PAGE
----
Float­ing Na­tional Park

Un­in­hab­ited is­land of Rubondo is of­ten seen as Tan­za­nia’s very own Noah’s Ark writes BBC’S Anthea Rowan

Business Daily (Kenya) - - TRAVEL -

The Tan­za­nian lake­side vil­lage of Mganza was chaotic and ca­cophonous. A ver­i­ta­ble traf­fic jam of lake taxis was scrum­ming for a slice of shore, each blar­ing out a dif­fer­ent tune from speak­ers tied on board.

We piled out of the car where we’d been in­car­cer­ated for hours — the foot wells were bis­cuit-crumb-dusted, tes­ti­mony to too much time on the road— and we were greeted by Ed­win, our camp man­ager and host for the week­end.

“Let’s go, let’s go,” he urged. “There’s a storm com­ing.”

My hus­band, our young daugh­ter Hat­tie and I hur­riedly picked our way across the crafts teth­ered ten­u­ously to one an­other un­til we reached the one that would ferry us across Lake Vic­to­ria, Africa’s big­gest lake at 69,500sqkm. The cold wa­ters were slate-grey and whipped by a bit­ing wind. Hat­tie’s eyes were wide and she gripped my hand tightly.

Un­touched is­land

Our is­land des­ti­na­tion, Rubondo, could have been any­where within the lake’s wa­tery ex­panse. Hap­pily, it was the clos­est land­mass to the shore, just a few kilo­me­tres away. Cloaked in an im­pen­e­tra­ble, green for­est, the is­land was at odds with the tree-de­nuded shores of the main­land.

The is­land was so un­touched, a di­nosaur could have emerged.

We were drenched by the time we dis­em­barked 40 min­utes later. Af­ter the rau­cous­ness of Mganza, Rubondo was pin-drop silent. The only sound was the haunt­ing cries of fish ea­gles (the is­land is home to the dens­est pop­u­la­tion in Africa). In fact, the is­land was so un­touched that I wouldn’t have been sur­prised if a di­nosaur had emerged.

As we drove to camp, the deep shade of thick for­est cast­ing an aquar­ium-green glow, Ed­win ex­plained that Rubondo’s un­sul­lied at­mos­phere is due to the fact that it was iden­ti­fied as a game re­serve in 1965 and de­clared a na­tional park in 1977.

In the 10 years be­tween 1964 and 1974, a num­ber of threat­ened species were in­tro­duced to the 237sqkm is­land by Ger­man zo­ol­o­gist Bern­hard Grz­imek. Not only does Rubondo’s wa­ter-bound ge­og­ra­phy af­ford ab­so­lute pro­tec­tion, the is­land is un­in­hab­ited (apart from a hand­ful of na­tional park staff ) and preda­tors are few. In fact, un­til Grz­imek in­tro­duced his menagerie, the only an­i­mal res­i­dents were vervet mon­keys, ot­ters and in­dige­nous si­tatunga an­te­lope. It be­came Tan­za­nia’s very own ver­sion of Noah’s Ark: a float­ing is­land sanc­tu­ary for threat­ened an­i­mals.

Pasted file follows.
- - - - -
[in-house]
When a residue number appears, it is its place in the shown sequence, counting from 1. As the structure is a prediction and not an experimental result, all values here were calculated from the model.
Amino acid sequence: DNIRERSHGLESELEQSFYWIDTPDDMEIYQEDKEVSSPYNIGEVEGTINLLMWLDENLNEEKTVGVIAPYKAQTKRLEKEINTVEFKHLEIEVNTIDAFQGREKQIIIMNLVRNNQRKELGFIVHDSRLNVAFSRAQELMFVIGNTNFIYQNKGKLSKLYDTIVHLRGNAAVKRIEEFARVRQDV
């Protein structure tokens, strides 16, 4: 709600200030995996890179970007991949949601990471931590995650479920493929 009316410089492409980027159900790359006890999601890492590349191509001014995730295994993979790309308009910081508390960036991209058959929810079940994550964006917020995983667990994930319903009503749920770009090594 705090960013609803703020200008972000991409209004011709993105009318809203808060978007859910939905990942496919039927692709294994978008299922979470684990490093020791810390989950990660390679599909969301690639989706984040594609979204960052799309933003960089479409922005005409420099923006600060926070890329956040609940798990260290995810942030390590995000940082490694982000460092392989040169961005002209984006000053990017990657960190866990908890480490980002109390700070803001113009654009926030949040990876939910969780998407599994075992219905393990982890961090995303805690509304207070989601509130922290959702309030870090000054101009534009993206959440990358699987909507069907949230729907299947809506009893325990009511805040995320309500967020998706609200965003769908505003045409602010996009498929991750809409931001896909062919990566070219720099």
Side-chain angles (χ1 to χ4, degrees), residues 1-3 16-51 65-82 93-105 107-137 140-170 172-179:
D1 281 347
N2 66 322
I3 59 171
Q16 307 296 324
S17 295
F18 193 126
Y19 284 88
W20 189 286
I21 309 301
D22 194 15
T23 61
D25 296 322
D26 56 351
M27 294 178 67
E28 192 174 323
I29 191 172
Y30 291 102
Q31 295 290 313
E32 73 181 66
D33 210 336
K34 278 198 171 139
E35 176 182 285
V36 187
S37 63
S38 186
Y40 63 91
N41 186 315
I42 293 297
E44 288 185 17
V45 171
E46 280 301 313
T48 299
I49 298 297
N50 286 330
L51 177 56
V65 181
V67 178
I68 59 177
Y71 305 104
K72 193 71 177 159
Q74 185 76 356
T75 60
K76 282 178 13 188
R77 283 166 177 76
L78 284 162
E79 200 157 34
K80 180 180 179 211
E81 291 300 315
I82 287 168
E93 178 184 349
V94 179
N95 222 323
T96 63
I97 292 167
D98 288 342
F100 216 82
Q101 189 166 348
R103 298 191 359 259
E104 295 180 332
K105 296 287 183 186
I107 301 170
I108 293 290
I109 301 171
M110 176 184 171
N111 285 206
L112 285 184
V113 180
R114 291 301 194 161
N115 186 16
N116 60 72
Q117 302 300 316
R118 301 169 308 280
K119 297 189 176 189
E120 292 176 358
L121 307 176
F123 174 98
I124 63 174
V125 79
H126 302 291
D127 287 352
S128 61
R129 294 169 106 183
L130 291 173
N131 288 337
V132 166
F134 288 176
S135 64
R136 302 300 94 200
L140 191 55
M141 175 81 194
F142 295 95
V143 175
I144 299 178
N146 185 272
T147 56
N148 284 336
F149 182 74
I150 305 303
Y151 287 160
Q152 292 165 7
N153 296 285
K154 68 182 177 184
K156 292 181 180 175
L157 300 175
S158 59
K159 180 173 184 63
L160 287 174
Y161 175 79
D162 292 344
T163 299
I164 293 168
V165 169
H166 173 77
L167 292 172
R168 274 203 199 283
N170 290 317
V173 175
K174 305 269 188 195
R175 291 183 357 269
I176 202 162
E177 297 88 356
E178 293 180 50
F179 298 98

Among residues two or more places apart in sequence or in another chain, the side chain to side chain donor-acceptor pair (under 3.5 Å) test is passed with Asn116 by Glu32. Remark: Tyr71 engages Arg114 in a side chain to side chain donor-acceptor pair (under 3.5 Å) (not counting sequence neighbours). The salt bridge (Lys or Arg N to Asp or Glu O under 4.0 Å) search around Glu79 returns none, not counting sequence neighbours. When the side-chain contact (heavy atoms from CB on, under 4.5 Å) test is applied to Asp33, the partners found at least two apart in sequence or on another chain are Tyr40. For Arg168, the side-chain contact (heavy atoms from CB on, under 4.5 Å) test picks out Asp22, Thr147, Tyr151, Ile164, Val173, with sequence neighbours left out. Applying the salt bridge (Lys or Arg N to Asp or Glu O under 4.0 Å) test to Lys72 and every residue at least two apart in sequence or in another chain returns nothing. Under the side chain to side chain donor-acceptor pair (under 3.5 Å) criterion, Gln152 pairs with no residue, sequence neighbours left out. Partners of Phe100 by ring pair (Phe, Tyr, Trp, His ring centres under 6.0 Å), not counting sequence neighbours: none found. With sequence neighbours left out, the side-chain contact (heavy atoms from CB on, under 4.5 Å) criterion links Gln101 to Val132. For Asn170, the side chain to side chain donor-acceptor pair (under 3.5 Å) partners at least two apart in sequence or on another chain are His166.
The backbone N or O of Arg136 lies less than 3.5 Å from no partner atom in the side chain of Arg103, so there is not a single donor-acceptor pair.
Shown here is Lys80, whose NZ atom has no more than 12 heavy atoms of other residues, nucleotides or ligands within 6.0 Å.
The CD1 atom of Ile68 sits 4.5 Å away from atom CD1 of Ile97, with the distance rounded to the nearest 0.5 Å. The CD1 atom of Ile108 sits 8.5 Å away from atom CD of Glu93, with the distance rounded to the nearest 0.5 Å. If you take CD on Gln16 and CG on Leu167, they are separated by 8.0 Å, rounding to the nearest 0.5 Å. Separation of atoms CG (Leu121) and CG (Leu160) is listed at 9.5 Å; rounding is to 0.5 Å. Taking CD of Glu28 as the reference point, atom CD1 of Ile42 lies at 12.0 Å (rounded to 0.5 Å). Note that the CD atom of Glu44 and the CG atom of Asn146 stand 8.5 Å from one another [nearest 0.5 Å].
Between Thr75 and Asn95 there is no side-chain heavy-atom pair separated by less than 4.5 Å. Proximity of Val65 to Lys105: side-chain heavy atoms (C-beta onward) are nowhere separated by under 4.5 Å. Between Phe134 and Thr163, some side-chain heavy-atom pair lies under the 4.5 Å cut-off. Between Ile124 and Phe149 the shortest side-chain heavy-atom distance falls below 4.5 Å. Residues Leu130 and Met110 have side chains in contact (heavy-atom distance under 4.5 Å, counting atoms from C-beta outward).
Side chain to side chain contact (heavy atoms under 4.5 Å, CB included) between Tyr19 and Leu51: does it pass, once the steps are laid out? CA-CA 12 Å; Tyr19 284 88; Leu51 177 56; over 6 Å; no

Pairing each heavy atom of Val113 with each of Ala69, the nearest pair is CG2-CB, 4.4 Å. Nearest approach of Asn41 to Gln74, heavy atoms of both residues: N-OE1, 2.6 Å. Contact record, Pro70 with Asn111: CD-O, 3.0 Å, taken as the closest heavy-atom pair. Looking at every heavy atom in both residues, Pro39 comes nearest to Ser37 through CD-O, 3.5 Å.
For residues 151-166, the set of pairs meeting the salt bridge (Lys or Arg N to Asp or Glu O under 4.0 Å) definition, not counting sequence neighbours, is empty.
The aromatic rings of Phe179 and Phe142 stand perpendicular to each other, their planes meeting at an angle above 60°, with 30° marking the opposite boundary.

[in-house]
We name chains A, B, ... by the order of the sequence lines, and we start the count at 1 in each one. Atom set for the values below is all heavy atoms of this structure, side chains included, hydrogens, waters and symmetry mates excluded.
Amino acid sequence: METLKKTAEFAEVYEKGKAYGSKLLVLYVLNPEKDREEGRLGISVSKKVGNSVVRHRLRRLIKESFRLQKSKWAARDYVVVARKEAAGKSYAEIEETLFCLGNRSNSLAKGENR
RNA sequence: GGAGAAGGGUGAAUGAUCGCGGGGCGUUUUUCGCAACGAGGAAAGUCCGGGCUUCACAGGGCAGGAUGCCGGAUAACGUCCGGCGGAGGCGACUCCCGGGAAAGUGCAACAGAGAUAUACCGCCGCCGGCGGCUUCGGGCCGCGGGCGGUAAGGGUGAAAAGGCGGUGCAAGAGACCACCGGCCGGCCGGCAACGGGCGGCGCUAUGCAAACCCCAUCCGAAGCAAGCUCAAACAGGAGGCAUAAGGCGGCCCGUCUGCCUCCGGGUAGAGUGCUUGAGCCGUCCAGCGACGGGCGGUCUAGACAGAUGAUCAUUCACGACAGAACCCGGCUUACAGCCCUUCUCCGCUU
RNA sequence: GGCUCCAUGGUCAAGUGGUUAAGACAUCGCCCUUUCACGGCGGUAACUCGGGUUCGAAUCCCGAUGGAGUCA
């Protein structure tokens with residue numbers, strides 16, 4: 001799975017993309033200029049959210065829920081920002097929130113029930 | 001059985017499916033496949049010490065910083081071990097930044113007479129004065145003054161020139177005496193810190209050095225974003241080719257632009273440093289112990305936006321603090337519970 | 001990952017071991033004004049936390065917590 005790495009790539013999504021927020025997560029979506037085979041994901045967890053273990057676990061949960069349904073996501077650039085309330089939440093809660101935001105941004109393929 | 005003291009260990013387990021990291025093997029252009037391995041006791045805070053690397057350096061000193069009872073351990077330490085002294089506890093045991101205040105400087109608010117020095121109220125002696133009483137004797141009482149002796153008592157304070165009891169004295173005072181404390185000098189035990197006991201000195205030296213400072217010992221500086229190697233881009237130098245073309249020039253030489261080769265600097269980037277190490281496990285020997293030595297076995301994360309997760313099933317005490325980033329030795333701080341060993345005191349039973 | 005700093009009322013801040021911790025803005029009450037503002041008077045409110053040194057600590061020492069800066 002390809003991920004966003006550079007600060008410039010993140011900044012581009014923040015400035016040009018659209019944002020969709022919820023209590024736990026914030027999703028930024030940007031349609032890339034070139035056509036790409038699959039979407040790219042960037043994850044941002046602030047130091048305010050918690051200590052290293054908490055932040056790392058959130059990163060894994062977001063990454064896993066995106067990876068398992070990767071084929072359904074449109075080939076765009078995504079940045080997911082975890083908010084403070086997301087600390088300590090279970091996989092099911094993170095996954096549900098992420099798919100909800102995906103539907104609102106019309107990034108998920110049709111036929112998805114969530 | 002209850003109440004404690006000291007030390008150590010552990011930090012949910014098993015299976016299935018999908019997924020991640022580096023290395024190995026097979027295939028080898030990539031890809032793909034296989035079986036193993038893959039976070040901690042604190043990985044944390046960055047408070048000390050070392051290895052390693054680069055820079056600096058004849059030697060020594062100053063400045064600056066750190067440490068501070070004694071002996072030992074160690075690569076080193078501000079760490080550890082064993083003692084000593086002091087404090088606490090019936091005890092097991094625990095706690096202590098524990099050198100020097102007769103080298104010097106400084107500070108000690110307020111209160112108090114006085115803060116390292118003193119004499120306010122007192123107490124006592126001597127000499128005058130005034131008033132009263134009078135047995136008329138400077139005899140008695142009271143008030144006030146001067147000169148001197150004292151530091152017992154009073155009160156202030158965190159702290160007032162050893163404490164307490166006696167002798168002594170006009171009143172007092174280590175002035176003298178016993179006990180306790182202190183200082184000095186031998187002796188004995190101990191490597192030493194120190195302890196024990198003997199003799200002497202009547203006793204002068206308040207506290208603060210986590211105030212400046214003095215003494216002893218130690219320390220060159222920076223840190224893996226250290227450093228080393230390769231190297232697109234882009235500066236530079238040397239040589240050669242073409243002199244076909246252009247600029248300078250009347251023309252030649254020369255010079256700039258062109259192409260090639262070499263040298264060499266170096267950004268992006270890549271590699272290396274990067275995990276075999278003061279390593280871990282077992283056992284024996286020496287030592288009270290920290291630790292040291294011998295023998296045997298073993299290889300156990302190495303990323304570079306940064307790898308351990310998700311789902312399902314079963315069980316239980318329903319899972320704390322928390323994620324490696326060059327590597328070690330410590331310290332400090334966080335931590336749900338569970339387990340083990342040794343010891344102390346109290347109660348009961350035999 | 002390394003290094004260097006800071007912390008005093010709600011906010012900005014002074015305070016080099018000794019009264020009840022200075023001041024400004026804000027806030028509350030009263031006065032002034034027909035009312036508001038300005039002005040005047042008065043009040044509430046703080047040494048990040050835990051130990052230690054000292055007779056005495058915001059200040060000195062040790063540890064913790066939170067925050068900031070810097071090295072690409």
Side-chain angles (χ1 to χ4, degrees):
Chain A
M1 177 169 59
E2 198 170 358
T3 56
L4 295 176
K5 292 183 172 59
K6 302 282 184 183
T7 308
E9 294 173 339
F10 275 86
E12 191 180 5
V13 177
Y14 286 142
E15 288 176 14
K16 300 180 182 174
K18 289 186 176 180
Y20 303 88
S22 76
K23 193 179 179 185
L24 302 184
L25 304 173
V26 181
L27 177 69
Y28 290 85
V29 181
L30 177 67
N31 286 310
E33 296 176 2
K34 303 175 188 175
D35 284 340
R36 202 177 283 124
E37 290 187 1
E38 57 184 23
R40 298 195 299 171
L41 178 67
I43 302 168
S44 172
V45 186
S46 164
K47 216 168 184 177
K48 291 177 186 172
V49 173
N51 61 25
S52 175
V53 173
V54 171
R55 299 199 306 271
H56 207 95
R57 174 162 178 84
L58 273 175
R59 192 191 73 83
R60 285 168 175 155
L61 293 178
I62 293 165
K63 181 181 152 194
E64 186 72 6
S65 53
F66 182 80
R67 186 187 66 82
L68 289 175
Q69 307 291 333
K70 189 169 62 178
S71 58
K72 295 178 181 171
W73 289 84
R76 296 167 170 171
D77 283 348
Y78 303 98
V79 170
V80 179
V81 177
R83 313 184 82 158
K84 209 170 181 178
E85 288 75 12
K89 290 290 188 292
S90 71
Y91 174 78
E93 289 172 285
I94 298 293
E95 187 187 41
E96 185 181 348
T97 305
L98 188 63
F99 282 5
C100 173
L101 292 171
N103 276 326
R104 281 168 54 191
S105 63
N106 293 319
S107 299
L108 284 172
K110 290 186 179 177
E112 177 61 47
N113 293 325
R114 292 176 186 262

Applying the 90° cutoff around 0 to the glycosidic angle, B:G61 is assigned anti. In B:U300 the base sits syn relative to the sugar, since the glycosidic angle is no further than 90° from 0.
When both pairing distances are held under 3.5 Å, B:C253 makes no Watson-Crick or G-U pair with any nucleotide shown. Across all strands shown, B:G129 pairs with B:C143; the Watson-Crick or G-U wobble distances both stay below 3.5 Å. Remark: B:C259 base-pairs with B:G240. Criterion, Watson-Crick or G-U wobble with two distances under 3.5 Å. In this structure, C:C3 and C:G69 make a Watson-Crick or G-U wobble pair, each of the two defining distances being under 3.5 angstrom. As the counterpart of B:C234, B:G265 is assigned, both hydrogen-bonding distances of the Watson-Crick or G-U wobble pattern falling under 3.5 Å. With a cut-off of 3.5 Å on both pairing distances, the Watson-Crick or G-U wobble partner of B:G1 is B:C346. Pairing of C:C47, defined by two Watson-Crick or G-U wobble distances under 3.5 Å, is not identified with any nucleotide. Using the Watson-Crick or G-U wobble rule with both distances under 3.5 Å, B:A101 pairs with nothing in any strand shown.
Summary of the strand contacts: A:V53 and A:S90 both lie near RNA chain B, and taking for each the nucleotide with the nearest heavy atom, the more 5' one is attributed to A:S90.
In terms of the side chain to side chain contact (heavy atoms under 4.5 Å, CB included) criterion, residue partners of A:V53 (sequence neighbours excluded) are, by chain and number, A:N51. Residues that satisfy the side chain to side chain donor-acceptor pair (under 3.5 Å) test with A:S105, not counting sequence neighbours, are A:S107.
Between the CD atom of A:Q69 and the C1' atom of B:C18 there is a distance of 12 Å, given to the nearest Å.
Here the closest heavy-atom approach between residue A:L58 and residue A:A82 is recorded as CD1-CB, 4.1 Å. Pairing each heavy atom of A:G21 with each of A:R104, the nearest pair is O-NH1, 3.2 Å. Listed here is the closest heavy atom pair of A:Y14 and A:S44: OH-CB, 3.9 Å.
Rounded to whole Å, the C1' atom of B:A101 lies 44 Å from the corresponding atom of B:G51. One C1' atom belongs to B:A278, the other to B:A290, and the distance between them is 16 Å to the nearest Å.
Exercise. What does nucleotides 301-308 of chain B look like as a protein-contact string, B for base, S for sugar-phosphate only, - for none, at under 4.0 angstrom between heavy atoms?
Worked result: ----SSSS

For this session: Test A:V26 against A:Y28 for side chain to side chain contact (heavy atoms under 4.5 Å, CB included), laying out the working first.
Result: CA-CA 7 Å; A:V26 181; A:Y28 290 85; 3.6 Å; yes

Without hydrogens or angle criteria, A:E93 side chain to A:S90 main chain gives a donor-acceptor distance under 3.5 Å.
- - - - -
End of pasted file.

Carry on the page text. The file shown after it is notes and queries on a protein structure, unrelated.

Ed­win ex­plained that while at­tempts to set­tle black rhino and roan an­te­lope failed, the ele­phant, colobus mon­key, suni an­te­lope and African grey par­rot have thrived. As have the chimps; in­deed the tan­gle of for­est is so thick with pri­mate­friendly vines that you could imag­ine Tarzan him­self swing­ing by with a whoop. In fact, the pri­mates are the is­land’s big­gest suc­cess story.

The chimps brought to Rubondo were born wild and cap­tured as in­fants. Tra­di­tion­ally, their moth­ers had been killed by poach­ers who tar­geted the chimp pop­u­la­tions of Tan­za­nia, Uganda and the Congo —and since baby chimps will not leave a dead mother’s side, they were easy prey. The in­fant pri­mates were used in Euro­pean cir­cuses and zoos un­til they be­came older, big­ger and typ­i­cally ag­gres­sive, af­ter which they were dis­patched to live out the re­main­ing — some­times 60 years — of their lives serv­ing as bio­med­i­cal re­search in Europe and the US. But Grz­imek re­turned 17 for­tu­nate an­i­mals to Africa, cre­at­ing an ar­ti­fi­cial pop­u­la­tion in Rubondo that rep­re­sents the world’s only suc­cess­ful rein­tro­duc­tion of chim­panzees. There were no res­i­dent pop­u­la­tions to kill the in­tro­duced in­di­vid­u­als, and un­like cap­tiv­ity-born chimps, the Rubondo an­i­mals seemed to have re­tained some knowl­edge of for­est liv­ing. To­day, the orig­i­nal pop­u­la­tion of 17 has grown to be­tween 40 and 50 – but they’re still not the eas­i­est to spot. As the only com­mu­nity on the is­land, the un­con­strained chimps are free to wan­der widely across the full 237sqkm (in con­trast, a ter­ri­tory at Tan­za­nia’s renowned chimp sanc­tu­ar­ies, Ma­hale or Gombe, is gen­er­ally 12 to 20sqkm). Re­searchers are lucky to see them af­ter traips­ing through the for­est and un­der­growth for hours, days, on end. Chances are, a crew of bush-walk­ing, cam­era-tot­ing vis­i­tors will not. Ex­ude magic

The iso­lated is­land ex­udes a sort of magic. But there are plenty of other things to see, in­clud­ing the flock of African grey par­rots that greeted us upon our ar­rival at camp. I’d pre­vi­ously only seen par­rots in cages nib­bling dis­con­so­lately on a few sun­flower seeds; here they were feast­ing on figs and hap­pily de­posit­ing the re­mains on the heads of any hu­mans that passed be­neath.

We saw the is­land’s in­dige­nous am­phibi­ous Si­tatunga an­te­lope, which have swamp-adapted splayed feet. Each morn­ing at camp, a pair of spot­ted ot­ters swam oblig­ingly from one side of the bay to the other, their small heads carv­ing a grace­ful wake across the wa­ter.

It’s a sanc­tu­ary where the an­i­mals are fi­nally safe. We watched mon­i­tor lizards slink from sun­bathing spots into the wa­ter, and cor­morants dry­ing their wings in chore­ographed sym­me­try upon rocks. Nile Perch caught by is­land boats came in as big as a man.

We bush-walked and watched the af­ter­noon sun, fil­tered by leaves, glaze myr­iad colour­ful wild flow­ers and fungi. We drank in the evening view, the sun sink­ing be­neath the wa­ter.

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